Sunday, July 4, 2010
i see vietnamese people
The War Remnants Museum is rated number 1 on Lonely Planet's "top picks" for Ho Chi Minh City. Though my main purpose for going was to educate myself on the travesty, I secretly hoped to see some Black people touring the city, and seeing the sights like myself. Upon arrival to the museum via my xe om driver, I saw many tourist emptying tour buses, and carrying back packs. Indian, Australian, Filipino, Korean, Taiwanese perhaps. . . Nope, no Black people. Well, maybe next time. . . .
When you enter the museum grounds you are surrounded by old military tanks and planes. Go back a little father and you'll see some heavy artillery guns as well. But of course to lighten the mood there is an old Vietnamese lady selling cafe sua da right next to the M.41. Inside, three floors exhibit grotesque effects of agent orange, destruction across the tropical lands and villages and bloodied artifacts to let you know this really happened. At the end, on the top floor, images of hopelessness are rounded off with the before and after photos of the new Ho Chi Minh City reviving itself.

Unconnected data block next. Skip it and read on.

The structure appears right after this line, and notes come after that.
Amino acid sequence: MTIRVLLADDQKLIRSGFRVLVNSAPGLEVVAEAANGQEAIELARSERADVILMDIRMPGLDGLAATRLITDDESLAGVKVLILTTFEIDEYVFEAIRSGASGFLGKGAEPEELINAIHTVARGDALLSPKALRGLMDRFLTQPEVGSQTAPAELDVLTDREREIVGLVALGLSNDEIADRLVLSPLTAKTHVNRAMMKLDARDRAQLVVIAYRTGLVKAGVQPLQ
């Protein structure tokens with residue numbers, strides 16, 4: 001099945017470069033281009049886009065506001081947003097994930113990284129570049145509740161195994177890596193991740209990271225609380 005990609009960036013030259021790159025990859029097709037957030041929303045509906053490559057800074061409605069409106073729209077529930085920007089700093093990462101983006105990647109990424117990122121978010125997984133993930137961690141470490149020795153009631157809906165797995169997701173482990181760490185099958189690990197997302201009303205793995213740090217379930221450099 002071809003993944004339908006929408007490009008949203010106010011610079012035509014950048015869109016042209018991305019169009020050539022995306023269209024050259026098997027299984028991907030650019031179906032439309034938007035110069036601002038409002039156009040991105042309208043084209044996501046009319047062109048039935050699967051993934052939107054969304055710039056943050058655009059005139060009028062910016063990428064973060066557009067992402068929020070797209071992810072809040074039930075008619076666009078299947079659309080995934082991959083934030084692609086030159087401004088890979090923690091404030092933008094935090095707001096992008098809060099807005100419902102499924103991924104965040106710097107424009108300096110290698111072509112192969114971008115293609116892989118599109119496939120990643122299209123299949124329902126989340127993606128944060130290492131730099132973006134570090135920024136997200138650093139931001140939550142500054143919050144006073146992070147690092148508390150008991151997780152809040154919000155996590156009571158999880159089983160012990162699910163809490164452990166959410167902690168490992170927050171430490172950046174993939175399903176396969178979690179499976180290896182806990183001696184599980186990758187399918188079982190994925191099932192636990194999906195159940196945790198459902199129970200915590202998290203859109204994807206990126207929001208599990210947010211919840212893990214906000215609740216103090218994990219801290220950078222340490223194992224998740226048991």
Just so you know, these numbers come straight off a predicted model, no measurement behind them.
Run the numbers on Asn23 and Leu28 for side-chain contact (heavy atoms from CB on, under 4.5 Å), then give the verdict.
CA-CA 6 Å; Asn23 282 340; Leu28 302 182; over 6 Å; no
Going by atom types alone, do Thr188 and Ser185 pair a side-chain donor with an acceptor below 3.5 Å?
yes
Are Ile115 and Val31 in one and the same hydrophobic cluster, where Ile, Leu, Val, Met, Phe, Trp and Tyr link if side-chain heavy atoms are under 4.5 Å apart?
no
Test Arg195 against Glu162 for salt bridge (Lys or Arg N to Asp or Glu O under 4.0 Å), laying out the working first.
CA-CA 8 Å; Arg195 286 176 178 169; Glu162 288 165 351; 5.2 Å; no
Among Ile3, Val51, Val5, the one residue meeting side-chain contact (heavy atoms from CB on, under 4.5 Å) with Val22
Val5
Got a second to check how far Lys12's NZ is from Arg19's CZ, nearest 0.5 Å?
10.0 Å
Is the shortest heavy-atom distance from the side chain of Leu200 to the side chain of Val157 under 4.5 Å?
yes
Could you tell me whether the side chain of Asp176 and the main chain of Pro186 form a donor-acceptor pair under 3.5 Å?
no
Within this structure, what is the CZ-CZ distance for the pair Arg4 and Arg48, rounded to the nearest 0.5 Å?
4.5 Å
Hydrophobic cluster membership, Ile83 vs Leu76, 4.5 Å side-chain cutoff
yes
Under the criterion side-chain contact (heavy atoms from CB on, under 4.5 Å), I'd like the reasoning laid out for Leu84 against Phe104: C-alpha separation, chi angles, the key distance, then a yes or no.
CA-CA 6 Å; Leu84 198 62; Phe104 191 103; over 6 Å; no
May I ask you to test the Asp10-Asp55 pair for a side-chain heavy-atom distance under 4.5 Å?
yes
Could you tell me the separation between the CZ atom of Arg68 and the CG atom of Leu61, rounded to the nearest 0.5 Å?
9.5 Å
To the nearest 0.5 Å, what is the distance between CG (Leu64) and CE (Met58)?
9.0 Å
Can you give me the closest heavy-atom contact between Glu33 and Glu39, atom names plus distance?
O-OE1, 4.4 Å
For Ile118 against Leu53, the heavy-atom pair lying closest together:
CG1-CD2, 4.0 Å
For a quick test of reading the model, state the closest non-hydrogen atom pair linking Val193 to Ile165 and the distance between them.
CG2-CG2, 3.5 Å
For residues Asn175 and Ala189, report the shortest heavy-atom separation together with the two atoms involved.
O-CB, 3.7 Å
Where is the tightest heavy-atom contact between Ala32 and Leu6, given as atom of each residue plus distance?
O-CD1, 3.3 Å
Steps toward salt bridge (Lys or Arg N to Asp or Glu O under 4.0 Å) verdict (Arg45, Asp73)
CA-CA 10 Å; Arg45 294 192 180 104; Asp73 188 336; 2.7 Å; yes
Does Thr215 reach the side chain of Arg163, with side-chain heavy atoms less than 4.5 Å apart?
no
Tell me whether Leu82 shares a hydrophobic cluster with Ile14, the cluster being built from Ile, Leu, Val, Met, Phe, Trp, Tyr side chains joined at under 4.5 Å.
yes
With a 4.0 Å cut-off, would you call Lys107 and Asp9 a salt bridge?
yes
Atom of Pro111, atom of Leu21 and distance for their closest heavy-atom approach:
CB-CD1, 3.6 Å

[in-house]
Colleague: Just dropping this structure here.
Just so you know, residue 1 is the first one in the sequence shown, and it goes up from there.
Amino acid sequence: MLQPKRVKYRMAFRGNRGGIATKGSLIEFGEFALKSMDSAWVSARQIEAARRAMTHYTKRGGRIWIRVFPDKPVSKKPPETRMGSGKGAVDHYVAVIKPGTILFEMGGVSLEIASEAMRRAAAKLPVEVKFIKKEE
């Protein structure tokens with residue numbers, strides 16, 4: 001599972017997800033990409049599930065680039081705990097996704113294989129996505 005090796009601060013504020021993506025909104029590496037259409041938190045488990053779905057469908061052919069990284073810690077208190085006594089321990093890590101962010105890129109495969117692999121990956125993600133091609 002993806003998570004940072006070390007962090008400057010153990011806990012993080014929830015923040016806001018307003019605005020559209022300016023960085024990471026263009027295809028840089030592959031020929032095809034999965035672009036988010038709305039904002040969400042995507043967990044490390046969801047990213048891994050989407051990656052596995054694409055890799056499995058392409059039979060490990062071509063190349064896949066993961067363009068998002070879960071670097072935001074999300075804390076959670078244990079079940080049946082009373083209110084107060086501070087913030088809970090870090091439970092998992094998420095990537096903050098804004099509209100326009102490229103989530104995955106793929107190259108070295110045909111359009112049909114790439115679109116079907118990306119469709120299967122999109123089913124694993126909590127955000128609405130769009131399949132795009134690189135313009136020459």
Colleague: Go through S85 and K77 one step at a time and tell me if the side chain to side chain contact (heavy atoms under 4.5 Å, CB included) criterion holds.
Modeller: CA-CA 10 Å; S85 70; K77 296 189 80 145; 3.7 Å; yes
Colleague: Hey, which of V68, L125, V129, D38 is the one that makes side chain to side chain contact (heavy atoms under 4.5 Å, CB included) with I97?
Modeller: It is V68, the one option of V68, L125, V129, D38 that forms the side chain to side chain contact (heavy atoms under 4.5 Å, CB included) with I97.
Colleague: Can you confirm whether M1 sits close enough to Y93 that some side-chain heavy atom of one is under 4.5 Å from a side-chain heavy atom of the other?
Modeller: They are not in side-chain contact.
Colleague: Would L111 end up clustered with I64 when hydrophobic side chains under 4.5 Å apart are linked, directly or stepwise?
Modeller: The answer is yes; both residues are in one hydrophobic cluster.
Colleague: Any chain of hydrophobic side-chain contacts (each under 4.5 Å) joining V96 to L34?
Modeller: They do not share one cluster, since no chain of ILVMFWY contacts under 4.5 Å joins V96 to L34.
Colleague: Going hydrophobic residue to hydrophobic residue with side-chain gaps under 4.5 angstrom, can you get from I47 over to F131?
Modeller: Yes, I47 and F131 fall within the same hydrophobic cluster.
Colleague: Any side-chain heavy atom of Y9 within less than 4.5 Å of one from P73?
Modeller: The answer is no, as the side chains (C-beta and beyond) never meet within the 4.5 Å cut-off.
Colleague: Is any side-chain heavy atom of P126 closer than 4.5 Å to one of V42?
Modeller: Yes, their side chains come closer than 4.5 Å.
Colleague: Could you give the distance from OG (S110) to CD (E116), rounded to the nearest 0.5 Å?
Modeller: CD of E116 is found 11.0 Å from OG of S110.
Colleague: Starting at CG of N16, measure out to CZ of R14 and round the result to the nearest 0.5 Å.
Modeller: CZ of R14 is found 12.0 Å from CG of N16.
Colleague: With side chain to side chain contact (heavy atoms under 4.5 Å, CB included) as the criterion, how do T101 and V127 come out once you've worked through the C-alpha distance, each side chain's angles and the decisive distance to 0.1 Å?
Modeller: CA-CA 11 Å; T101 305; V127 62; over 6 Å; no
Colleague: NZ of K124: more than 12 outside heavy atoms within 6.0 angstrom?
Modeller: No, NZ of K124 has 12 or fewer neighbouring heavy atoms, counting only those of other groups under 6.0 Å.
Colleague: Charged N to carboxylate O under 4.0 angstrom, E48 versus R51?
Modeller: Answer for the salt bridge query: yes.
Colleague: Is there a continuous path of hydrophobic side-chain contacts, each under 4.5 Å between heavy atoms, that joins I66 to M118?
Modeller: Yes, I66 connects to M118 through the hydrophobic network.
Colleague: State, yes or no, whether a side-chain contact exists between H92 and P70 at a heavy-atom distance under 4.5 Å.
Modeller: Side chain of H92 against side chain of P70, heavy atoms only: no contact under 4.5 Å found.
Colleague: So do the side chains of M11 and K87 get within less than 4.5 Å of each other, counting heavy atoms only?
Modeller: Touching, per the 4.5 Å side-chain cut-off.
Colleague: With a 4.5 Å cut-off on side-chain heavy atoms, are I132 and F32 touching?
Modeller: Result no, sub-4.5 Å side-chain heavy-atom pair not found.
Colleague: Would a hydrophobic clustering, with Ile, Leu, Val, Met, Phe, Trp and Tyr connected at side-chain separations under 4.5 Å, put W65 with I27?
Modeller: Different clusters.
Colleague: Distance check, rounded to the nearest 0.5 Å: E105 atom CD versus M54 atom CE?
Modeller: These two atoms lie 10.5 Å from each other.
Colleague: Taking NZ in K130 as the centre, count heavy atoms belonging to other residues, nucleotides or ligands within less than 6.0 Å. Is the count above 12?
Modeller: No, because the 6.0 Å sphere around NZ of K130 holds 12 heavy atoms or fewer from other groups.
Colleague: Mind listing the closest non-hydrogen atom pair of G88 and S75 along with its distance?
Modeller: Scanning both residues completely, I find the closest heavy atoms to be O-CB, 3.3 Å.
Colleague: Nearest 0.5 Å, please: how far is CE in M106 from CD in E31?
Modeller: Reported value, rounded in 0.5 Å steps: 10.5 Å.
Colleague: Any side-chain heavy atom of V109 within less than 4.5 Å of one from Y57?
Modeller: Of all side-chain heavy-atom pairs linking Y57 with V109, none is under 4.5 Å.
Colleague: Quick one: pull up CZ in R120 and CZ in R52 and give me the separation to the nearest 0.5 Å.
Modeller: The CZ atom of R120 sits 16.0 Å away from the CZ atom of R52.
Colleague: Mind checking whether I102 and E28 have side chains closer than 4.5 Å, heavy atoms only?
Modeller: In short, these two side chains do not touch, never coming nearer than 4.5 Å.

Having know idea how many people the Vietnam War actually affected, I had a new friend put it in perspective. Mr. Thao is the secretary general for The National Spiritual Assembly of the Bahai's of Vietnam. I decided to stop by Mr. Thao's house after my museum visit, since I was out and about. After the heavy rain storm, the streets in District 3 were flooded. But we got to Mr. Thao's house which sits above his wife's beauty salon. He invites me into his parlor/living room area, and we have a Coke with ice. Seeing as how I am not Baha'i but only know a few facts from my friends in Chicago, I start asking Mr. Thao about the Baha'is in Vietnam, how they are treated, and what type of activities they have for the community. I then asked if there was a house of worship in Asia. He stated that they have the Lotus Temple in India, yes I completely forgot. "However," Mr. Thao mentions, "they were suppose to build the Asia house of worship here in Vietnam. But with the war and fighting going on, it was postponed, and India was chosen instead." Straight from the horses mouth, wow. "In fact, after the war, since the government won, they took control of many religious properties, including a building the Vietnam Baha'is were using as a meeting place and several Christian churches." After my visit to the museum, Mr. Thao's story has much relevance. This was a perfect ending to my much needed lesson on the history of this IndoChina culture.
Posted by Tiana Denine at 7/04/2010 02:17:00 PM